Last week in the Parliament of Victoria, I called for Premier Daniel Andrews to apologise to a Ballarat mum who dared to fight for freedom in a democratic nation.
I best not say a democratic State, for that status has been rudely challenged by our Labor over several years – especially during Covid.
I also asked the Police Minister, Anthony Carbines, to sack the Police Commissioner, Shane Patton, and the Assistant Police Commissioner, Luke Cornelius.
My question was asked via what is termed a Constituency Question – a question asked on behalf of a constituent, in this instance, Zoe Buhler. My question was ruled out of order because the Legislative Council President said: ‘You cannot ask the Minister to sack the Commissioner.’
‘Who else is going to ask him to sack him if I don’t?’ I responded.
In my opinion, the Premier, Patton, and Cornelius have stained Victoria’s reputation for liberty, freedom of speech, and the right to peaceful protest. I believe they have damaged the reputation of the police force for whom public respect is critical.
In late August 2020, pregnant mum, Zoe Buhler, was charged and handcuffed in her own home by Victoria Police, accused of inciting a protest in breach of public health orders.
Her great ‘crime’ was to put a message on Facebook promoting a ‘peaceful protest’ – with social distancing measures and masks – to ‘end lock downs’ and ‘stand for human rights’.
The Assistant Police Commissioner, Luke Cornelius, alleged Ms Buhler had ‘engaged in serious criminal behaviour’. He referred to those objecting to lockdowns as ‘batshit crazy’.
How serious was this charge, given it has been dropped weeks away from a state election? Surely a serious charge should be pursued fully through the courts?
‘Clearing the political decks’ is how some cynics might view it.
Many Australians, and others across the world, are familiar with the vision of Zoe Buhler being handcuffed by police in her kitchen. It is the unfortunate stuff of Covid legend.
On Tuesday, police withdrew the charge. It took police two years to do the right thing. Many questioned the validity of such so-called crimes that turned ordinary citizens into criminals for things like … walking outside.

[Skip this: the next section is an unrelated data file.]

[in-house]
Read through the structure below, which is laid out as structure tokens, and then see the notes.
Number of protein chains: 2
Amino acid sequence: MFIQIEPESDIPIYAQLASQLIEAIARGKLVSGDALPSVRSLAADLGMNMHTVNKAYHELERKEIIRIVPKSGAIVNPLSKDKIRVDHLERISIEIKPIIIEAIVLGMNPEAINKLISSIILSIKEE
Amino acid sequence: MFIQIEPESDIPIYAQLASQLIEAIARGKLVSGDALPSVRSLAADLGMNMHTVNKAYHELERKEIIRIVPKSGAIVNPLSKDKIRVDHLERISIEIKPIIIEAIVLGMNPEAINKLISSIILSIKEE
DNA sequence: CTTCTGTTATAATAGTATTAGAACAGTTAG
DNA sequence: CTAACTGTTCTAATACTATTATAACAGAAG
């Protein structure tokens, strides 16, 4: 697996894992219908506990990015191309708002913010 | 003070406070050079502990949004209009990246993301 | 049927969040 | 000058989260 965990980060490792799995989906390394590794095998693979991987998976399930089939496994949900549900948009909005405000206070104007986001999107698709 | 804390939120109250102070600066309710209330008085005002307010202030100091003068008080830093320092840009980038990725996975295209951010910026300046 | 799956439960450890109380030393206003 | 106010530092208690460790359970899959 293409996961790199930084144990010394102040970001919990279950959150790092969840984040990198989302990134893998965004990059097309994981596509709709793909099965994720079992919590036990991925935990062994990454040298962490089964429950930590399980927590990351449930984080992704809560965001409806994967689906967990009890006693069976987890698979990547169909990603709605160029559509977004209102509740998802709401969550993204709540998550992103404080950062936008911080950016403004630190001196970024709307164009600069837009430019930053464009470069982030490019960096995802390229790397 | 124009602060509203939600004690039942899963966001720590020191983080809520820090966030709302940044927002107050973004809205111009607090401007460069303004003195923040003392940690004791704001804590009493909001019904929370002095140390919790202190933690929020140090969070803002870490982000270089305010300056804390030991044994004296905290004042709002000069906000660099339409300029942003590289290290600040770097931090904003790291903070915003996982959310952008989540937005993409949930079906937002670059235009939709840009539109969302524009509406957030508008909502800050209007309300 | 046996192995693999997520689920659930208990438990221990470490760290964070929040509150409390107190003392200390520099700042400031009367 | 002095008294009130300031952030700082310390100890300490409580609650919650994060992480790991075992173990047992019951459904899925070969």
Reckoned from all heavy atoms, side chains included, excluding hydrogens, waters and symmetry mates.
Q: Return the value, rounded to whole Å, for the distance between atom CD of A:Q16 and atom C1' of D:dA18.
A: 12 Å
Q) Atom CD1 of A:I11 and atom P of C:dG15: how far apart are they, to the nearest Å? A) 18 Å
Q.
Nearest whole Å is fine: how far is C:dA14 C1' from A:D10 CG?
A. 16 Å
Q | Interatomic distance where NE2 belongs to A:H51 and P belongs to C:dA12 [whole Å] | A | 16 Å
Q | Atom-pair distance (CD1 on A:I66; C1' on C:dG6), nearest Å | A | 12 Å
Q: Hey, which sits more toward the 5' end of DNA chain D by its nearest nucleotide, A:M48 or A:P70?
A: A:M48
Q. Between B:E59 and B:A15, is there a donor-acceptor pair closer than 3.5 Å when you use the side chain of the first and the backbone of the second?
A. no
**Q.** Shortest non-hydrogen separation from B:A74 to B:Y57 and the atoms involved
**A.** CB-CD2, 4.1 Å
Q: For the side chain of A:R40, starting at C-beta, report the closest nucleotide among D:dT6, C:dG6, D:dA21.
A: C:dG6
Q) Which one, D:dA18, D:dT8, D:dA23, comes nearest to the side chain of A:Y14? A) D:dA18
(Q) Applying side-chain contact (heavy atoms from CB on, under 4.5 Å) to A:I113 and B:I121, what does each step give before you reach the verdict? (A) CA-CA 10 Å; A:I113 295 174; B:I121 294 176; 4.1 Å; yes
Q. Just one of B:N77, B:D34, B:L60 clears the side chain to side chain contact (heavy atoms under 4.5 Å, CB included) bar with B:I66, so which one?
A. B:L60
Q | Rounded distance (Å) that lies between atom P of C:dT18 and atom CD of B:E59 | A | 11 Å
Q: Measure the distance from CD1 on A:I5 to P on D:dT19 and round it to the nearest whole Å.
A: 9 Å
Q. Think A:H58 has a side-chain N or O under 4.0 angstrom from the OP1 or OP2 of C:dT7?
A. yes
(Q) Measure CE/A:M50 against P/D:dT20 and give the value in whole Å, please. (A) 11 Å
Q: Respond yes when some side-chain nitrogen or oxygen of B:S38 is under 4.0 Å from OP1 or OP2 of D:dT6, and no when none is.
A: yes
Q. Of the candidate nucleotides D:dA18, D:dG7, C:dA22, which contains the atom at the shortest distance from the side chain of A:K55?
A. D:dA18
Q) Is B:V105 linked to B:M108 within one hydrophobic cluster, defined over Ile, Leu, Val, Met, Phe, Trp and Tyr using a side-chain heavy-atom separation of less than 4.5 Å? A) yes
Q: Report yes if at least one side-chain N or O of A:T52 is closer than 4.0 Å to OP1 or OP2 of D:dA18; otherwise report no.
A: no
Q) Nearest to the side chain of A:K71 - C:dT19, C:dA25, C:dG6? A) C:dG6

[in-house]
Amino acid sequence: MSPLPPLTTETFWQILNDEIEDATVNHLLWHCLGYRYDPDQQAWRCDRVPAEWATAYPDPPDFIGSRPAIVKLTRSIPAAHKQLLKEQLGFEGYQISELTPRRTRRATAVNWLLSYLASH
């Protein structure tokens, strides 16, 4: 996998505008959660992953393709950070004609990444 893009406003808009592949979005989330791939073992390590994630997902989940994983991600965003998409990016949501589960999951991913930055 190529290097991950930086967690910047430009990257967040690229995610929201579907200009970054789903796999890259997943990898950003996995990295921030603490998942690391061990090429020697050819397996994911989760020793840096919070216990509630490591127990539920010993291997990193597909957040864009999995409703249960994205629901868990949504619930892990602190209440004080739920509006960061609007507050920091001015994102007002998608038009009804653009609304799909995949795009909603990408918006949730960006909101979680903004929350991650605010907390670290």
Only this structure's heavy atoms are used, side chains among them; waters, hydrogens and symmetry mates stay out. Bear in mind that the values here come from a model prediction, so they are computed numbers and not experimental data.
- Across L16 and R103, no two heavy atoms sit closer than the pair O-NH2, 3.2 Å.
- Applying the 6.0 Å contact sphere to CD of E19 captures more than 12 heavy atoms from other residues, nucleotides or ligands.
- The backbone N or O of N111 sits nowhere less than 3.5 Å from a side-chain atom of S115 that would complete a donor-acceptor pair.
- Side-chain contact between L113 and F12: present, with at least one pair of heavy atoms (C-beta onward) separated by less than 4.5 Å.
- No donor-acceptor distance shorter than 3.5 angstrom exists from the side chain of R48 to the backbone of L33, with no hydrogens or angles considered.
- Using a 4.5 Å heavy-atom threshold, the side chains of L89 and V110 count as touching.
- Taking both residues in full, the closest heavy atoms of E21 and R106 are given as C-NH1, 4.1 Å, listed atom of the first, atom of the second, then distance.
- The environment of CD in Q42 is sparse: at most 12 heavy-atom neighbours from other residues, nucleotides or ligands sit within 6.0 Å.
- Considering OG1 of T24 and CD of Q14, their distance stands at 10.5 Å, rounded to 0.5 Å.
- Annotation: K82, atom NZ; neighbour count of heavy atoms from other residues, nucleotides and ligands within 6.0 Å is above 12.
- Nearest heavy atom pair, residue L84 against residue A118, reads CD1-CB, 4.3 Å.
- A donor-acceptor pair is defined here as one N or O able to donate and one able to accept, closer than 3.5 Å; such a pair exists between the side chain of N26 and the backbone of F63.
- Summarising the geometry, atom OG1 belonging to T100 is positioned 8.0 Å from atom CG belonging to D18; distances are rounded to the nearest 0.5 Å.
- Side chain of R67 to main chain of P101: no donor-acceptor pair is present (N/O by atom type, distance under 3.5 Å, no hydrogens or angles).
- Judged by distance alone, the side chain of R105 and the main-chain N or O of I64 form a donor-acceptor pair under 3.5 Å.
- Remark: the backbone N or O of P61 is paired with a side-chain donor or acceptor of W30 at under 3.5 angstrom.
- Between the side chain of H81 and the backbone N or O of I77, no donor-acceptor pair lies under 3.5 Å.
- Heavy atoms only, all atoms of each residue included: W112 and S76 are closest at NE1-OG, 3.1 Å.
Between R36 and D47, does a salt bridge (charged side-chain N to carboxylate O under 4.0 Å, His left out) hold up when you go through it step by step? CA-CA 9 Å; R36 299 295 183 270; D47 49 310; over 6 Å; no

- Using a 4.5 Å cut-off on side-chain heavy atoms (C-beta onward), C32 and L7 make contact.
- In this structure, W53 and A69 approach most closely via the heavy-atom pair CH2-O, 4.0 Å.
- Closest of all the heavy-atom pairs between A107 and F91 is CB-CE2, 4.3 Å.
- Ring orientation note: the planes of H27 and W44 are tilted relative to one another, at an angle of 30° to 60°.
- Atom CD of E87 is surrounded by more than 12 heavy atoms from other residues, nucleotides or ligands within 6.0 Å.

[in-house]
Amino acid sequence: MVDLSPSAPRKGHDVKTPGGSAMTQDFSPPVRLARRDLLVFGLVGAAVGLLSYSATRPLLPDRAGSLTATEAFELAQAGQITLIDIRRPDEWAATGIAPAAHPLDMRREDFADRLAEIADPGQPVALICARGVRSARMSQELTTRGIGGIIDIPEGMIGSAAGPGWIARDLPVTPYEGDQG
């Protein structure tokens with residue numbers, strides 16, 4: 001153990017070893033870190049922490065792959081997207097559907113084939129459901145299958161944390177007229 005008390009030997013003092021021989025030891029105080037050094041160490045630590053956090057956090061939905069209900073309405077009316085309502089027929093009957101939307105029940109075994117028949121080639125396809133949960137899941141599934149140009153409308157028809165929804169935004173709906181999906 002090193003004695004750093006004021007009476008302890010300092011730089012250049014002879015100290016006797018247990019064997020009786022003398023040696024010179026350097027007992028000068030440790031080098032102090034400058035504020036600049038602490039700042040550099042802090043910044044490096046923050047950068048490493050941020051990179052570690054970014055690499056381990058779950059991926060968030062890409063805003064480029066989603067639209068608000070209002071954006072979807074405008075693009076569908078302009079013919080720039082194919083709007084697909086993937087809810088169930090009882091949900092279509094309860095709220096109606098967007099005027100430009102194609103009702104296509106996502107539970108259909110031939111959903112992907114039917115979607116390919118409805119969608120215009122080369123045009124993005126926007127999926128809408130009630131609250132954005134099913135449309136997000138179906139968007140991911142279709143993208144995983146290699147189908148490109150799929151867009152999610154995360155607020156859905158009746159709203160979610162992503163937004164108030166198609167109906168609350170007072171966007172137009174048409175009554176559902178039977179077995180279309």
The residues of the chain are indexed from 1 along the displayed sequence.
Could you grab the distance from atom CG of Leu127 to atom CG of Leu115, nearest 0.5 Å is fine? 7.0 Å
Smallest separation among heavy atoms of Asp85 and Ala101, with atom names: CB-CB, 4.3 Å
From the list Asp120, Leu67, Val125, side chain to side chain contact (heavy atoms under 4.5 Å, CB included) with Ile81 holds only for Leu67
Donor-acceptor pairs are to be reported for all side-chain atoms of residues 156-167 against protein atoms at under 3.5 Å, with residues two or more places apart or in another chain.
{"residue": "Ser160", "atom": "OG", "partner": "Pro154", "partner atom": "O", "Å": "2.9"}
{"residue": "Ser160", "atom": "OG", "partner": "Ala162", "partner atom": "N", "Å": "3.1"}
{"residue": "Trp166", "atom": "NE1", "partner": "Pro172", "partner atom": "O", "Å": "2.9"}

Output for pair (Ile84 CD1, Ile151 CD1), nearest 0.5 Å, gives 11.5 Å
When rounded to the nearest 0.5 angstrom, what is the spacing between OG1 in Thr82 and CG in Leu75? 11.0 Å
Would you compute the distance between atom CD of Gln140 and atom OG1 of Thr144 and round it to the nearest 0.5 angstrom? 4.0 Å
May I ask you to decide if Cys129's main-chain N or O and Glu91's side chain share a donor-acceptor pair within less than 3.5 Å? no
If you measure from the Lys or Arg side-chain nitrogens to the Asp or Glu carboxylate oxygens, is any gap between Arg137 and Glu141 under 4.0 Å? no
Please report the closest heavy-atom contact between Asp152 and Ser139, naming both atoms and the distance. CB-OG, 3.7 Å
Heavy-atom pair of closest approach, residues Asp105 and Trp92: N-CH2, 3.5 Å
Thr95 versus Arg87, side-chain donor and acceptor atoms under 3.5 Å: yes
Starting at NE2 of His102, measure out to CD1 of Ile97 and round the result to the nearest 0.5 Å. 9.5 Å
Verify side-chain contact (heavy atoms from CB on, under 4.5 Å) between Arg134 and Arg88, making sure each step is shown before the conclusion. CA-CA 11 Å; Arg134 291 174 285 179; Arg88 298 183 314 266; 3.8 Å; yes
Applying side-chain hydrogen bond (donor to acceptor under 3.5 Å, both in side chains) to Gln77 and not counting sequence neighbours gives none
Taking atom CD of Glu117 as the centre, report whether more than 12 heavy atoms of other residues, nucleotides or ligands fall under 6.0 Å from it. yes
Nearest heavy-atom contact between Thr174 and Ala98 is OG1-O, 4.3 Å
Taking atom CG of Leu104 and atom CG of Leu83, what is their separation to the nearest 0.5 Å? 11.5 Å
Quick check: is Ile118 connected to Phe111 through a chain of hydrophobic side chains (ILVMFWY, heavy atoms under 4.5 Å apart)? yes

During this time, Victorians experienced things they never thought they would in a free country, one in which democracy and respect are fundamental tenets of our peaceful way of life.
Other than Black Lives Matter gatherings, Victorians observed their right to protest being annulled with pepper bullets and tear gas. Citizens were filmed running from police officers who used batons and a bravado in clips that went viral worldwide.
Had these crowds been assembling in the streets to riot, to burn buildings, to loot, to murder, to wreck, or to create mayhem, then Victorians would have understood such aggression by the police.
But these crowds had gathered for freedom.
They gathered for the right to go to work, the right not to be forced to take vaccines, and the right for their children to go to school or playgrounds.
They rallied for democracy, for the return of the Parliament to make decisions, and against the absolute authority of emergency power contained in the Premier.
It was under Labor’s watch that the police chased protesters, hurried on grandmothers from park benches, handcuffed a pregnant mother, held elderly men on the ground, and kept Melbournians locked down for 23 hours a day unable to travel – or even walk – further than 5 kilometres from their homes.
The Premier offended many Victorians during this time, locking them out of their state. They were stopped from being with their dying parents or attending their funerals. One of his most offensive statements was, ‘We had no choice.’
Let me be very clear: the police had a choice about whether to charge Zoe Buhler.
It is why Labor must apologise to Ms Buhler for their contempt of individual rights and why their government must explain to the Victorian people why police were instructed to act so aggressively.
An explanation as to why it took two years for the charge to be withdrawn would also be welcome.
The Police Minister should now consider sacking the Police Commissioner and his Assistant, Luke Cornelius, the same officer who sympathised with Black Lives Matter protesters and their right to gather.
It seems apparent that, like much of the Victorian bureaucracy, Victoria Police has been politicised and the law has been used to hush citizens who disagree with the government.
Bev McArthur is Liberal Member for Western Victoria and Shadow Assistant Minister for Scrutiny of Government.